These past couple of weeks have been a blur of visual and audio stimuli for me – most of which I have reacted to with some kind of high pitched variation on, “Really?! Are you freakin’ serious?! Someone really thinks that commercial / outfit / public comment / behavior is appropriate / safe / smart?!”
My hubby and I went to Las Vegas for a long weekend. Like LA, Vegas is great for the free entertainment walking up and down the Strip. I repeatedly think (often out loud), “Sooo, that person looked in the mirror this morning and thought to her / himself, dang, I look awesome.” This is quickly followed by the question, “What was / is that person thinking wearing that in public?!”
Then there were some of the sketchier ads during the Super Bowl (I’m not commenting on the singing of the national anthem or halftime entertainment, which are topics for a future talent and performance management post). The dude licking the Dorito cheese powder off of a co-worker’s fingers and pants – okay, ewwww. I fully expect to hear about a few employee relations issues in which someone thinks it would be funny to recreate that little scene in the workplace. Again, ewwwww.
Then there is the New Chevy Cruze with Facebook status checking via onStar or whatever. As if teenage drivers aren’t distracted enough already. Seriously, I am going to be thinking twice about driving on the LA freeways now (thank goodness my office is 5 feet from my kitchen).
But I think what kicked off my latest obsession with professional and personal decorum are the Ladders television ads. (Oh yes, I am wading into this morass). I tweeted / posted to Facebook a comment about how inappropriate I think those ads are. A friend of mine, also offended by the ads, actually wrote to the Ladders to give them a piece of her mind. Here is their response:
Thanks for writing in.
I apologize if you dislike our commercial and find it inappropriate. I assure you that is not our intention.
Here at TheLadders.com, we want every job seeker to view us as a partner who can assist them in showcasing their skills and background to prospective $100k employers. To that effect, the message in our commercial was meant to creatively portray the confidence – or “attractiveness” – we want our job seekers to experience after working with us.
I hope this helps to clarify our message. Again, thank you for your feedback. I’ve passed your thoughts along to the rest of our team.
In thinking about this, and also about some of the posts / commentary about the Ladders on FOT, I have been pondering the pushing of the creative envelope in areas often not pushed (Monster.com and CareerBuilder have had some fun ads in the past, but I don’t know that I would say those ads have pushed boundaries. The Ladders ads obliterate boundaries, and not, I think, in a good way). And I have been trying to figure out the thought processes people go through to reach the conclusion that it’s okay for them to push societal, professional, ethical, etc., boundaries in not so good ways.
Thank goodness for academics, as an abstract posted at Harvard Business School Working Knowledge provided some insight. In “The Dark Side of Creativity: Original Thinkers Can Be More Dishonest”, authors Francesca Gino and Dan Ariely report on the results of five separate studies in which they test the hypothesis that “a creative personality and creativity primes individuals’ motivation to think outside the box and that this increased motivation leads to unethical behavior”. The authors found evidence of an association between creativity and “moral flexibility”.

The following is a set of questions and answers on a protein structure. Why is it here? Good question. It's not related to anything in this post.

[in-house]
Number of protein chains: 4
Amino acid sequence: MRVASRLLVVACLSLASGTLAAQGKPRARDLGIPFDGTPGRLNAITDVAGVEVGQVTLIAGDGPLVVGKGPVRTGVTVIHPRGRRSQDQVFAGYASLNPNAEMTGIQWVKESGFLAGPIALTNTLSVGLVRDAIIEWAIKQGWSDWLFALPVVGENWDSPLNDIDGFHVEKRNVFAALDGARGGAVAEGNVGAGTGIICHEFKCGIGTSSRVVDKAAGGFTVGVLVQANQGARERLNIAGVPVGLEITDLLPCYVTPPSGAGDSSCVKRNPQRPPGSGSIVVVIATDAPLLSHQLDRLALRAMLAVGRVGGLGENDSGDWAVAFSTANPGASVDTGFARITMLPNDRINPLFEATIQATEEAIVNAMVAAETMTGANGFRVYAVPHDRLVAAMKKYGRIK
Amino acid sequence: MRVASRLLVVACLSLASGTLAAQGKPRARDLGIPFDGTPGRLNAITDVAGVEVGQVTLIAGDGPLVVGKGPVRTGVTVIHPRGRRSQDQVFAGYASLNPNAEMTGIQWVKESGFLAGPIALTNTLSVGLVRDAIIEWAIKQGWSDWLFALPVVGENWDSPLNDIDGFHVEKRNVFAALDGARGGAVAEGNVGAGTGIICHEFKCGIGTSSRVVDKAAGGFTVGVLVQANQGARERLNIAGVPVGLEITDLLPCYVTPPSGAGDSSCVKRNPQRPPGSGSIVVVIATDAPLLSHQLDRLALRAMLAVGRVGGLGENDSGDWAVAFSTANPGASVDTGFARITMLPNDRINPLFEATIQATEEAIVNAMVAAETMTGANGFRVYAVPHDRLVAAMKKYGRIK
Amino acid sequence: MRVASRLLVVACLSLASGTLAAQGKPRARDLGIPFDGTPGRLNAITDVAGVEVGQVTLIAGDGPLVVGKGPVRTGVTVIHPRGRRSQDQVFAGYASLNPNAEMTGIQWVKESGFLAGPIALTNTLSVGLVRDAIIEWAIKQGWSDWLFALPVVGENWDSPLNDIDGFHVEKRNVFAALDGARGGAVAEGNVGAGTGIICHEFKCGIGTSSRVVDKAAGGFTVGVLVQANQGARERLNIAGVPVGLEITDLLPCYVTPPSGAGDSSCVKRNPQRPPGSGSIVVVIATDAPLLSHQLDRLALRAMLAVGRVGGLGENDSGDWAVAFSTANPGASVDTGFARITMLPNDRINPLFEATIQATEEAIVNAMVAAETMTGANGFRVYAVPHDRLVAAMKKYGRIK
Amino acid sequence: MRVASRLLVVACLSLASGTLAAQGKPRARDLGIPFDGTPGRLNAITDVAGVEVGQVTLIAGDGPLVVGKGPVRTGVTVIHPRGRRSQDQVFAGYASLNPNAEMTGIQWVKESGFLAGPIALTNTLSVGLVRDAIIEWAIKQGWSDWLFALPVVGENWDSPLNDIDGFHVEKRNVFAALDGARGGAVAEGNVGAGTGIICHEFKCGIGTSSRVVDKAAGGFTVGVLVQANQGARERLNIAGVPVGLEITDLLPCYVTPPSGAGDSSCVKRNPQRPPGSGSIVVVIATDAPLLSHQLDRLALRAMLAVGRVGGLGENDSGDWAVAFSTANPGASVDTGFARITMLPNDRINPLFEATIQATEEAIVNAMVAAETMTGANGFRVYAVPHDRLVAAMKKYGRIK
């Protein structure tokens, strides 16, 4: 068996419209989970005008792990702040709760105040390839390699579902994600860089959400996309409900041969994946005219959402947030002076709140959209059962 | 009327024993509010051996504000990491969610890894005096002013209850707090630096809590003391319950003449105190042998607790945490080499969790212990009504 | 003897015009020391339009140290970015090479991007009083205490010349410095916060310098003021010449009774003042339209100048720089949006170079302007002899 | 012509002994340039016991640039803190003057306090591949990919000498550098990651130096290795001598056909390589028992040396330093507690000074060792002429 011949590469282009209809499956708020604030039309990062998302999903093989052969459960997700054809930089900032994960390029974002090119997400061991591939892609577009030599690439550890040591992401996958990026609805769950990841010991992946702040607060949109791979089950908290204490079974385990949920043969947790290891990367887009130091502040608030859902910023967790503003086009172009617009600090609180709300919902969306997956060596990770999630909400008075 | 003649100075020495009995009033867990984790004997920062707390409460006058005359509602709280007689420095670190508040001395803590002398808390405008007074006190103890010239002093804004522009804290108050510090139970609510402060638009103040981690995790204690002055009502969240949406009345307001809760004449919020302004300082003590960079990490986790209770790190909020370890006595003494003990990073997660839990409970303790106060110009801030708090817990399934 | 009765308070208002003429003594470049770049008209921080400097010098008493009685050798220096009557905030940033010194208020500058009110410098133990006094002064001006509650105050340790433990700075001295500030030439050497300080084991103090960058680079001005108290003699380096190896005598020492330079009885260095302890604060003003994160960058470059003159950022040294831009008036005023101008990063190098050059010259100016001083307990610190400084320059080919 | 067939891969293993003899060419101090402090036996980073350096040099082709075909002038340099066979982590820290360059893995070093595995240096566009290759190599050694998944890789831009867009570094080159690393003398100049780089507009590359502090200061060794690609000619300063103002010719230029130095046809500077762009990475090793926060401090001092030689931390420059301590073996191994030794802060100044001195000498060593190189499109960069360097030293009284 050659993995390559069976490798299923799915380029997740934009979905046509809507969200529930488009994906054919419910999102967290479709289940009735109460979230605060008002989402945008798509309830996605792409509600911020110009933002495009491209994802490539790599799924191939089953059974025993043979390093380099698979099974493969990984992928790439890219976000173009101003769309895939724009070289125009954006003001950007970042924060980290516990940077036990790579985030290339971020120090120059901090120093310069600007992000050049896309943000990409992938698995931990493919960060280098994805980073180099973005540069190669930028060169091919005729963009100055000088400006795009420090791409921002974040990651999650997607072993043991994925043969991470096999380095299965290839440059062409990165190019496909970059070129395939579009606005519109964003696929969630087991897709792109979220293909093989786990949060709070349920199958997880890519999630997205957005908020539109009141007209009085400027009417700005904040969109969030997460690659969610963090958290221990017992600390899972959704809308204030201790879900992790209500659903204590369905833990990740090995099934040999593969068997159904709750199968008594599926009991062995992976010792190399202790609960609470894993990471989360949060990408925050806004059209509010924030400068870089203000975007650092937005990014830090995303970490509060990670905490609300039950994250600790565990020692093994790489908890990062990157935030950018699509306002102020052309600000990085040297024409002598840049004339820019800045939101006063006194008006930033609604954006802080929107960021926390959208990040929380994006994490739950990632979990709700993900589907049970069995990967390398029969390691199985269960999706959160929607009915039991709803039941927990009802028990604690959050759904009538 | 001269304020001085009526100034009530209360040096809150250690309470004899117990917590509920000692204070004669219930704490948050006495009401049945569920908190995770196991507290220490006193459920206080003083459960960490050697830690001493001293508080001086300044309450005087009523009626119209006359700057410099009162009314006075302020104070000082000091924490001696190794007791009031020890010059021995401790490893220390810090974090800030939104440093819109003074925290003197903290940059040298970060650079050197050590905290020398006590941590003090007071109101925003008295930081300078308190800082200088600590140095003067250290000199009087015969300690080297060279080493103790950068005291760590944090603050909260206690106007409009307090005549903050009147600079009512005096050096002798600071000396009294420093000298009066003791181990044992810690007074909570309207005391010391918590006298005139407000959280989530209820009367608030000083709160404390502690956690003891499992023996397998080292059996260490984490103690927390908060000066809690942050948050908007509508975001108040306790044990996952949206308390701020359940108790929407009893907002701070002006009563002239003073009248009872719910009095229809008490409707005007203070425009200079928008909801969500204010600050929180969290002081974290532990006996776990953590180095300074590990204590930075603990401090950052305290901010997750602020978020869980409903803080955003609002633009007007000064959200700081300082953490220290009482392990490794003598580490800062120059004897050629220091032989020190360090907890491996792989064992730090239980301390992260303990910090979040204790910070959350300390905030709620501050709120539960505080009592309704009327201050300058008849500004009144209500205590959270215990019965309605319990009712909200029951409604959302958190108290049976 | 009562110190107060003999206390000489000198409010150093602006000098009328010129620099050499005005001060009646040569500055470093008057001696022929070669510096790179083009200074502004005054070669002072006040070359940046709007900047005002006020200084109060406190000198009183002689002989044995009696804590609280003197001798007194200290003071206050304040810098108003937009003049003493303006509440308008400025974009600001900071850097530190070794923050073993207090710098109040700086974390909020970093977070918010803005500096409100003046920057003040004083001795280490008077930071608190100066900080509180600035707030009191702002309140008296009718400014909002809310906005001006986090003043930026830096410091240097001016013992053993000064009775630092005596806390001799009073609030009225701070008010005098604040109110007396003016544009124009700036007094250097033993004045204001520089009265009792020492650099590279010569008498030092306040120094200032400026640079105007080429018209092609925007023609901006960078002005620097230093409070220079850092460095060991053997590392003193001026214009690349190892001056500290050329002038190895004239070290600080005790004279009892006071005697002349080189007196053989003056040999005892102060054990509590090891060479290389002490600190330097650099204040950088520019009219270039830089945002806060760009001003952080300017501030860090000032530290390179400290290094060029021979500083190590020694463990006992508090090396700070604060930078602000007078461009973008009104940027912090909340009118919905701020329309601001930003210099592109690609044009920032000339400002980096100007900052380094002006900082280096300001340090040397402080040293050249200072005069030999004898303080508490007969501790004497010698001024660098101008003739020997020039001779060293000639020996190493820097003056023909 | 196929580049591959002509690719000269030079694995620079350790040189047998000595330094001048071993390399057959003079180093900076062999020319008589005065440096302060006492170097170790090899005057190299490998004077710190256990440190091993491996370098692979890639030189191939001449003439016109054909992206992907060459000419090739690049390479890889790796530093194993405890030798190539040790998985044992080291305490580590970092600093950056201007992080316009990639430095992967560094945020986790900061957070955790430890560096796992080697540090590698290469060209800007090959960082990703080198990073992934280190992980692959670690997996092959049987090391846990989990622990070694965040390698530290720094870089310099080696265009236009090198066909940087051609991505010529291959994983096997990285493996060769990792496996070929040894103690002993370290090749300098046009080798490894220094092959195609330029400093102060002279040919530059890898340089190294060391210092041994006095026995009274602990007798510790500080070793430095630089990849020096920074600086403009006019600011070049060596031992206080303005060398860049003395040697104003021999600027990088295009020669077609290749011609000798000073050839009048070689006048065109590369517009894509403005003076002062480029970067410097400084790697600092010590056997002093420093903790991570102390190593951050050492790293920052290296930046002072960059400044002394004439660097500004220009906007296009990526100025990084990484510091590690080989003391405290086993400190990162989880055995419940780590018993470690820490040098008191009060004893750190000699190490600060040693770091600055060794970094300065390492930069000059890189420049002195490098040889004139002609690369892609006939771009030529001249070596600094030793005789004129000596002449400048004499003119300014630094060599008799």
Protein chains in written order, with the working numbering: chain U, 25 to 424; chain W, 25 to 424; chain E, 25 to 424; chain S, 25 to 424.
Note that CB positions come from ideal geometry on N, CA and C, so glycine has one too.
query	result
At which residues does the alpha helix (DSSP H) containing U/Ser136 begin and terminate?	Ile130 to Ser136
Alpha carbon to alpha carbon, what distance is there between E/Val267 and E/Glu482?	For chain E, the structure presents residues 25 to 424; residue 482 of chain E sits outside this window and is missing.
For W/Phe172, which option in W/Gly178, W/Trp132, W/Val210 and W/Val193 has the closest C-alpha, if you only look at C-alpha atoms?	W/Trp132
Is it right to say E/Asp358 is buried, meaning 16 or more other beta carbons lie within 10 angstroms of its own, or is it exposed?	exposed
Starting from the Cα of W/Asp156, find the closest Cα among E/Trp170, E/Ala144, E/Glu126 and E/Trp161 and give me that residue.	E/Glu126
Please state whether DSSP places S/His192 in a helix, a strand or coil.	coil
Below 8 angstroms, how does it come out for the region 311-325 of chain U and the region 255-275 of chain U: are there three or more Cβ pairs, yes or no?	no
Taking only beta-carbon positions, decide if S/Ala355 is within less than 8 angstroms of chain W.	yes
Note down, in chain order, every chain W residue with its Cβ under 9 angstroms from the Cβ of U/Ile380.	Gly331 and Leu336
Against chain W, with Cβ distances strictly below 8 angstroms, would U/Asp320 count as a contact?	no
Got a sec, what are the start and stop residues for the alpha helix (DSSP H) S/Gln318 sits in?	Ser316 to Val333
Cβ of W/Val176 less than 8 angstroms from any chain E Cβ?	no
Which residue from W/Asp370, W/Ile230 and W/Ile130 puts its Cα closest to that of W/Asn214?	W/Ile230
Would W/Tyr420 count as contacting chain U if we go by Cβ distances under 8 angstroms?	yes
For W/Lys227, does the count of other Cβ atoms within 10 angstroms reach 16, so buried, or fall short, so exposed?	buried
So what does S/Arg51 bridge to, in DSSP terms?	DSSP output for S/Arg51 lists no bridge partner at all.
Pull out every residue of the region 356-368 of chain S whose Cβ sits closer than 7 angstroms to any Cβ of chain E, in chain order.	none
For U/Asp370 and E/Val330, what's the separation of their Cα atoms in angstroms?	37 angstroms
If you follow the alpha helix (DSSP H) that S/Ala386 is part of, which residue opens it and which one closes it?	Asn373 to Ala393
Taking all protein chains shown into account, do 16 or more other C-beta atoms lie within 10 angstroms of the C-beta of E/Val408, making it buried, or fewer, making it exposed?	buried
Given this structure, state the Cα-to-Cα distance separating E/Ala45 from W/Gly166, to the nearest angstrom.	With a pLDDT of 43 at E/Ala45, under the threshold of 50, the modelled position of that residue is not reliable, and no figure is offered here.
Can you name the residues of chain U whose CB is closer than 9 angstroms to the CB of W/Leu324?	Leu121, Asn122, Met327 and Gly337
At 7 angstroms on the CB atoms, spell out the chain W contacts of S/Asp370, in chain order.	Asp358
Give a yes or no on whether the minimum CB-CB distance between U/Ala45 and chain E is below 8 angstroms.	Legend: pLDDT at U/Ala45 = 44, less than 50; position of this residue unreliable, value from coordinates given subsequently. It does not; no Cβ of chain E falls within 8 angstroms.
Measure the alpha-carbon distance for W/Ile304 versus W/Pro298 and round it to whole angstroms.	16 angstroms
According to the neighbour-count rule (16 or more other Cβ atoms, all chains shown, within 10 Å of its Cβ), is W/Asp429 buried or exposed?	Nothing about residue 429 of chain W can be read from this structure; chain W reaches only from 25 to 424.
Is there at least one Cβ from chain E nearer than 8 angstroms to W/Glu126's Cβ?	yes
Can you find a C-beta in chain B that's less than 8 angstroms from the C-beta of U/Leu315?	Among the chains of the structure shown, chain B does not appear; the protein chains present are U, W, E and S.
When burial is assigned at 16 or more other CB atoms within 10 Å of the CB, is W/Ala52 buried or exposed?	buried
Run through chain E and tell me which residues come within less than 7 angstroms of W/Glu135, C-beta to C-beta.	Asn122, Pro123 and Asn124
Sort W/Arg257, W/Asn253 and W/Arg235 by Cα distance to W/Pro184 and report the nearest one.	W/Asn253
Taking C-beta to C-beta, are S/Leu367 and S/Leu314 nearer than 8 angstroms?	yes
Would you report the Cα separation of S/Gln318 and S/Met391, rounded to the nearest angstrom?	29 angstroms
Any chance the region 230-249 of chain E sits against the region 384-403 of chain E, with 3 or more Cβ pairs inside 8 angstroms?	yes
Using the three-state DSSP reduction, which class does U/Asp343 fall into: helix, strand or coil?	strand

Let me clarify something here. I am not saying that the Ladders ads (and the other questionable behaviors and fashion choices I have witnessed of late) are in any way dishonest, unethical, or even “morally flexible”. I am saying that this study helps me to answer the question that bounds around my skull like a ping pong ball: What WERE they THINKING?! Because I honestly have difficulty understanding how reasonable, thoughtful human beings who walk the same earth I do not only come up with some of this stuff, but also believe that unleashing this unabashed creativity on the rest of us is a good idea. And now I may begin to understand – for some reason, creativity in abundance seems to absolve people of needing to exercise judgment about potential unintended impacts or consequences of their creativity.
My last post discussed the need for leaders to think about their communications from the perspective on impact on others rather than from the point of view of their own intentions. I would argue that those with an abundance of creativity also have a responsibility to think through impact in addition to intent.
Back to the Ladders ad that got me all wrapped around this existential axle. The Ladders powers that be wrote my friend that they didn’t intend to offend people with the ads. Their intention was to “creatively portray the confidence – or “attractiveness” – we want our job seekers to experience after working with us”. Men with shirts unbuttoned sprawling on conference room tables and women falling over each other on sofas does not convey confidence and attractiveness in the context of job seeking to me. It’s just… ewwwww. And to Kelly Dingee’s point, I have to seriously question the judgment of anyone who signs up with the Ladders because they were influenced by those ads the way the creators intended. An unintended consequence of creative abundance run amok? Most likely.
Believe me, I love creative ideas, inventions, advertisements, etc. But like leaders, I think creative people have to think their ideas all the way through to both intended and unintended impacts. Creativity is not an excuse to kick good judgment and empathy to the curb.